(Adult practice - Part XVI)
For the next couple of months, I want to concentrate on the practice of upright sitting. I want to start with my answers to three questions that were sent to me by e-mail quite some while ago. The questions basically are:|
1. What shall we do on the cushion - and how should we breath?
2. What shall we do outside of zazen - how can we keep mindful?
3. How can stiff people sit in zazen?
In short, there is only one question: How do we practice with body and mind?
Let's start with the first question:
"During zazen, when we follow our breathing, how much should we concentrate on it? In other words how closely should we follow it? When I totally concentrate on the breath going in and out at the expense of everything else that is going on around me, I tend to get sleepy. On the other hand when I choose to follow my breathing from a distance (for the lack of a better term) and am also aware of what's going on outside (without dwelling on it) I tend to get more easily distracted by internal thoughts. Is there a balance point?"
You talk about breathing. There are many different approaches concerning the breathing.
In the "Zazengi", Dogen Zenji explains about the posture in some detail and then simply says: "Having adjusted body and mind in this manner, take a breath and exhale fully. Sit solidly in samadhi and think not-thinking. How do you think not-thinking? Non-thinking! This is the heart of zazen." There is no mention of the breathing, except "take a breath and exhale fully"! In the "Fukanzazengi", there is just a little bit more advice: "You should breath gently through your nose."
When we read this, we hope for more information:
How, exactly, are we supposed to breath? Should we concentrate on the breath? Should we concentrate on something else? How do we get into "samadhi"? What exactly is "non-thinking"?
Dogen does not tell us. At the heart of his instruction in the "Zazengi" is the bodily posture.
Now, what we experience in our daily zazen practice is a mixture of feelings: "sleepiness, random thoughts, pain, dizziness, boredom, desires and attachments, anger, regret, all kinds of delusions, emotions and ignorance."
Generally, these feelings can be grouped in two categories: Feelings of dizziness or sleepiness, that make us feel as if we could not continue with zazen because we lack the energy for it - and feelings of desire, anger or random thoughts that distract us so much that we want to jump up from the cushion and take some immediate action. Dogen Zenji does not offer so much advice, maybe that is why Keizan Zenji wrote in the "Zazen Yojinki":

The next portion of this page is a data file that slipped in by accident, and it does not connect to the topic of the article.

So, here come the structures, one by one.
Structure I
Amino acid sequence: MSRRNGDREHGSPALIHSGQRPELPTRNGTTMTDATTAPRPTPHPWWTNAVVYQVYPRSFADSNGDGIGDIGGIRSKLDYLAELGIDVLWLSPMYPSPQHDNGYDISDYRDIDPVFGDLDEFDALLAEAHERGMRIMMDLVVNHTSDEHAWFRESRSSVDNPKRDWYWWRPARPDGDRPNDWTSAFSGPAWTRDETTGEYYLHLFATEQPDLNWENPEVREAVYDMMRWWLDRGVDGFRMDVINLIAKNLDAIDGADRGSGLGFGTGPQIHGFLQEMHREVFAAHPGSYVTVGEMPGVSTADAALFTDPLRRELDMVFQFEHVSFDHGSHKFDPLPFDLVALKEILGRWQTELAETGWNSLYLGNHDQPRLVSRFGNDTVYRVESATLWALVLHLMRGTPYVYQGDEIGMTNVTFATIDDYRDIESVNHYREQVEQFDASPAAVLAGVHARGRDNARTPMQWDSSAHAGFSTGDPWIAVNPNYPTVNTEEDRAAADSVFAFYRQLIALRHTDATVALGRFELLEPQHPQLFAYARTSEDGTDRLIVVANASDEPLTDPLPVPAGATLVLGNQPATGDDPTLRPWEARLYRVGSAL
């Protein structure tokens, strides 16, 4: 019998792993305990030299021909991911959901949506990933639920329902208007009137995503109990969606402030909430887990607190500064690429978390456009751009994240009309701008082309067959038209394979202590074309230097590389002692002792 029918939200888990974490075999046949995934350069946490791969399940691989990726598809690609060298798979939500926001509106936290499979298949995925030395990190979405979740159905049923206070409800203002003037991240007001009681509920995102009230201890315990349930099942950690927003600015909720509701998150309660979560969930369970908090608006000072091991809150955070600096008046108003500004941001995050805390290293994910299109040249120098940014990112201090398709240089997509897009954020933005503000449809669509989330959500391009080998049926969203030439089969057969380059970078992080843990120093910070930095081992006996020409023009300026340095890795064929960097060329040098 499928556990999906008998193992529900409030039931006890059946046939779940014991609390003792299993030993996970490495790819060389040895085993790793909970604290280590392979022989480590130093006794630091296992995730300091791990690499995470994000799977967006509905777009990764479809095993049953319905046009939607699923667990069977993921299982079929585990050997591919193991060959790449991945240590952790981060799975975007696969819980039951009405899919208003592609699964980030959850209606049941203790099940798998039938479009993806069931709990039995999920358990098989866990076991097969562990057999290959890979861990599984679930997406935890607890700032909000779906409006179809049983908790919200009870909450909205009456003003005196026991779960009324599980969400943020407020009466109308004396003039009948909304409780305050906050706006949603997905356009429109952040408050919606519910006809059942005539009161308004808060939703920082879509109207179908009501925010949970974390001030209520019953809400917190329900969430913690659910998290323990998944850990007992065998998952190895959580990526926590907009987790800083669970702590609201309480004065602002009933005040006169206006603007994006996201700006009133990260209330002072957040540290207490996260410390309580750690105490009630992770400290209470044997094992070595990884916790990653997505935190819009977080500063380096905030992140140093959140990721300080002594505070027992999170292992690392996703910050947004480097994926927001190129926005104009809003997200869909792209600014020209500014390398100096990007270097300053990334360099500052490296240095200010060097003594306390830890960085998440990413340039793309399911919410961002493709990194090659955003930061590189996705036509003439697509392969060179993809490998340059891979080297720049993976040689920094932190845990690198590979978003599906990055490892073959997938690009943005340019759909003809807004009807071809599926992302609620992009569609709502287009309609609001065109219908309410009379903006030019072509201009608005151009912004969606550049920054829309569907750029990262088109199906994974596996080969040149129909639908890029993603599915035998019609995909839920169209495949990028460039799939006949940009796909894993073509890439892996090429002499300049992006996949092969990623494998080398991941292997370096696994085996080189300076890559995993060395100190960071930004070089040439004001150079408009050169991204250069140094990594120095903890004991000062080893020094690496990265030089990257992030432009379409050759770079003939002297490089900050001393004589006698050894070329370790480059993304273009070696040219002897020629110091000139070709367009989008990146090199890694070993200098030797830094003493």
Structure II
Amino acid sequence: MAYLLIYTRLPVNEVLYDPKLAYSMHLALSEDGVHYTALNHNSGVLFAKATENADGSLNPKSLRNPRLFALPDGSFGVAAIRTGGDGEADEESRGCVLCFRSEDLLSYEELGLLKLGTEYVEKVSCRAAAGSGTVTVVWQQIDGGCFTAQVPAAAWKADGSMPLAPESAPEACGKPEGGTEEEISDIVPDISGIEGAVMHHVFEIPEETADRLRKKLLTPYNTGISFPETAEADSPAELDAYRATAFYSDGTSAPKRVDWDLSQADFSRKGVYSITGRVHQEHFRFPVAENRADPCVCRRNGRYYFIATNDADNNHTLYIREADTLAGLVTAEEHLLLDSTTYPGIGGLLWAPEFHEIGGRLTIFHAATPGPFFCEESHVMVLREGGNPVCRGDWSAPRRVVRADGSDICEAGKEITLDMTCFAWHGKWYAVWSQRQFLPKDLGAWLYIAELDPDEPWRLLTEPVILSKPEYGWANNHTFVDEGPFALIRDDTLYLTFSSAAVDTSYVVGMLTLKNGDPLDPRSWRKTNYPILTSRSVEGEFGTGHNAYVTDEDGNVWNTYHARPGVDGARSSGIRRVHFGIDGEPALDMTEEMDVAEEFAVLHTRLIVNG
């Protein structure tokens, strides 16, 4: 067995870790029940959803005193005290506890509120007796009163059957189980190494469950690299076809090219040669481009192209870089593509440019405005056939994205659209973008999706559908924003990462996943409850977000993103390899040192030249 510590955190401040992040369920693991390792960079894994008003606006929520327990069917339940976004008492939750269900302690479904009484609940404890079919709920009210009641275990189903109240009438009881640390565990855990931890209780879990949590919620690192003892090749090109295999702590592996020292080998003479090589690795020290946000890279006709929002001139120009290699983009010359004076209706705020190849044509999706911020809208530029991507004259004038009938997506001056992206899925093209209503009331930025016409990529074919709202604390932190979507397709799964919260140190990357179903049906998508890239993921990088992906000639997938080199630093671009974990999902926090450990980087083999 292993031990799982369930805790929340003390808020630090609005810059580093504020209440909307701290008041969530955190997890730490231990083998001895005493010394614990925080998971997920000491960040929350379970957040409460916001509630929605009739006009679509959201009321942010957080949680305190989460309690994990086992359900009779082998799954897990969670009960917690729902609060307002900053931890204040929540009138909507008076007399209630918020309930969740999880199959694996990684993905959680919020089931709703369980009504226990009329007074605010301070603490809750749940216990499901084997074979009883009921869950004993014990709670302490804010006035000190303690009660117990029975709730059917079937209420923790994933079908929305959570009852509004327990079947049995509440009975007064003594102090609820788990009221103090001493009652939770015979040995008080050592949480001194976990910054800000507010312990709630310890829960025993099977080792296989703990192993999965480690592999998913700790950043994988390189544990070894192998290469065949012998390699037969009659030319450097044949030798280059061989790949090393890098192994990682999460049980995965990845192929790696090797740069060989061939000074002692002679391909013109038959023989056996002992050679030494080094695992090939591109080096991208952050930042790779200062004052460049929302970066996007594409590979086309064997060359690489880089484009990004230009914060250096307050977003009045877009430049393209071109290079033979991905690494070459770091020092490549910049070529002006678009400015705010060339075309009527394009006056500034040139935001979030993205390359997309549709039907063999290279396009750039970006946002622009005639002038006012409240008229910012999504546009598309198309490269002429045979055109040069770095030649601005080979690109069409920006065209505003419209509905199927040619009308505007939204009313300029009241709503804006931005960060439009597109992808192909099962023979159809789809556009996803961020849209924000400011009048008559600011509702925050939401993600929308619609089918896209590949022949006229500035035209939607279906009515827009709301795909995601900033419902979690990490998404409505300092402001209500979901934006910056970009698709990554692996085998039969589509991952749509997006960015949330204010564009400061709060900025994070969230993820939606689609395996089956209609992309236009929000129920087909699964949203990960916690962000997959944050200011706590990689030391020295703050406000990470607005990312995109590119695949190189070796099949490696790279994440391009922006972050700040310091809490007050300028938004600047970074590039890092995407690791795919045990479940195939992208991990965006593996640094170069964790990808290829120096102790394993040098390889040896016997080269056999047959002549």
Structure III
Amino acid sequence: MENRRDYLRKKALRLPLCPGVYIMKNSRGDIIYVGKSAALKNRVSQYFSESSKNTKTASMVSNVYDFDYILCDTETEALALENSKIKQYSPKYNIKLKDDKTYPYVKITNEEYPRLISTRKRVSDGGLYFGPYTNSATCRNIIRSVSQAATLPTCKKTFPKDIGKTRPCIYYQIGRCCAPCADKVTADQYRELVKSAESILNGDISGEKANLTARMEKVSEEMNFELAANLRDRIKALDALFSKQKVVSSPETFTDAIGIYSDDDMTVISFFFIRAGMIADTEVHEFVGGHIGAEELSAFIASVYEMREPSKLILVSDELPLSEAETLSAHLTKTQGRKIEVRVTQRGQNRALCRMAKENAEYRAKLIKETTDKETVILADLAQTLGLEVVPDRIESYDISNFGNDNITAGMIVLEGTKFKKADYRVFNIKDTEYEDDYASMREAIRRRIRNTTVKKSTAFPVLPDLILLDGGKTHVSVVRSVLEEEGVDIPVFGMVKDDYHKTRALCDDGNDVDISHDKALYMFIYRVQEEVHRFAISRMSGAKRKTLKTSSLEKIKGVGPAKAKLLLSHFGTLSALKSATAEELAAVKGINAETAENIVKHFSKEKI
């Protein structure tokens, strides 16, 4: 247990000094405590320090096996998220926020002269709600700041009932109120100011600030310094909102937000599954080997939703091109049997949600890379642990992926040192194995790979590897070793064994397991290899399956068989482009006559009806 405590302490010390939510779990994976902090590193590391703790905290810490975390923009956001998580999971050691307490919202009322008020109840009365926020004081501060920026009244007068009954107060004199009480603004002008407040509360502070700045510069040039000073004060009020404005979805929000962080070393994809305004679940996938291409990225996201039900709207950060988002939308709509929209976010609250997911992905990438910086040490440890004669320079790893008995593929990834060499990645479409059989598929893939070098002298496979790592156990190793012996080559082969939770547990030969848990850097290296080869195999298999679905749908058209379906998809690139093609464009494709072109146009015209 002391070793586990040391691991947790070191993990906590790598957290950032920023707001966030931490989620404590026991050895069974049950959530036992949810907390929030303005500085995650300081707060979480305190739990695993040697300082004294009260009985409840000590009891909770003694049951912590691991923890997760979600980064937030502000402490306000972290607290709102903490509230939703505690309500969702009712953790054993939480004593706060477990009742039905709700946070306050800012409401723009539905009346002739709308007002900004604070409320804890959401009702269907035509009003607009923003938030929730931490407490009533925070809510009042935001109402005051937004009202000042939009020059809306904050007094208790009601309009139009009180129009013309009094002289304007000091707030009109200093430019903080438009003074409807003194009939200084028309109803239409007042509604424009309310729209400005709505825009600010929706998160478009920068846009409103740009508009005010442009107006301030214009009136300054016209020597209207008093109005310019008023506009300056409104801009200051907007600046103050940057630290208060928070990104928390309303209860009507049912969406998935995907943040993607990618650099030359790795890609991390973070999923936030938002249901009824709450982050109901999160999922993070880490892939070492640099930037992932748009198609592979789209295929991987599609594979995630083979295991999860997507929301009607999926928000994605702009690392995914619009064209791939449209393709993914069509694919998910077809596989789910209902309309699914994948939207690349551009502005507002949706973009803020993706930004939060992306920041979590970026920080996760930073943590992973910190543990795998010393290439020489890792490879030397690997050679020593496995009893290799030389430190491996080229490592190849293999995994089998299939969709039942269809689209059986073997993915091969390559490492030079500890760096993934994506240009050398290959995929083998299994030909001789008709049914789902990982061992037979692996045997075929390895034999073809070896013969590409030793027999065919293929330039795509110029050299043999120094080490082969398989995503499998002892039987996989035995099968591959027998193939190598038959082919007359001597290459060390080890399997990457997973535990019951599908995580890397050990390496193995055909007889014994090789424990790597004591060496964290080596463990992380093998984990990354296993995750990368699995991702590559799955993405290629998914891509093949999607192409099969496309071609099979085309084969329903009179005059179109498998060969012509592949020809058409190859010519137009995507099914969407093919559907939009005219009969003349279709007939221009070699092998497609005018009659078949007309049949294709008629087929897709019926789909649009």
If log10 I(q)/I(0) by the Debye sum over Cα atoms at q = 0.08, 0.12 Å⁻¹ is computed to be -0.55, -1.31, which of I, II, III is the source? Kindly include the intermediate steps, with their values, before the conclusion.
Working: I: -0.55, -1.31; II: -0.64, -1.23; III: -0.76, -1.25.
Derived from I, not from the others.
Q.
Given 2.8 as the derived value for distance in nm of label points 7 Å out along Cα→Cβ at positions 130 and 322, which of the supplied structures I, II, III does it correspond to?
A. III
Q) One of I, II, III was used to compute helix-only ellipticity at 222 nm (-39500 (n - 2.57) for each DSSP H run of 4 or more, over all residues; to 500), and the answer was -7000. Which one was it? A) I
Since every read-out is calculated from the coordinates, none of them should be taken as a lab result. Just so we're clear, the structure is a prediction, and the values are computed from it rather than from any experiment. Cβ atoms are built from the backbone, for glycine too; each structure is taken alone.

"When sitting in zazen, your body may seem hot or cold, uneasy or comfortable, sometimes stiff, sometimes loose, sometimes heavy, sometimes light, sometimes startled awake. This is all because the breath is not in tune and needs to be tuned. The way of tuning the breath is as follows: Open your mouth, letting the breath be long if long, or short if short, gradually harmonizing it. Following it for a while, when a sense of awareness comes, the breath is in good tune. After that let the breath pass naturally through the nose.
The mind may seem to sink away or float off. Sometimes it seems dull, sometimes it seems sharp. Sometimes you feel you can see the outside of the room through the walls, sometimes you feel you can x-ray through your body, sometimes you feel that you can see buddhas and bodhisattvas. Sometimes you comprehend scriptures and treatises. Extraordinary things like this are diseases that stem from a lack of harmony between awareness and breath.
When these things happen, sit with the mind in the lap. If the mind sinks into topor, rest it on top of your head. If your mind is distracted or scattered, rest it on the tip of your nose or your lower belly. Otherwise, let the mind rest on the palm of your left hand. When you sit for a long time, although you do not force the mind to be calm, it will naturally not be scattered."
Keizan Zenji talks about the breath in a little more detail, but basically what he says is: Follow the breath for a while in the beginning, than just let it be natural. Dogen Zenji does not say where we should "put" our mind, but Keizan says: put it into the palm of your left hand. But, when we are sleepy, we should try moving our awareness "upwards", to the top of our head or the tip of our nose, while if we are distracted by to much internal thoughts, we should move it "downwards", placing the mind in the lap, the lower belly or on our feet for example. I think that moving the awareness upwards creates energy and "turns on", while moving it downwards calms us "down". Concentrating on the breath can also be a way to calm us down.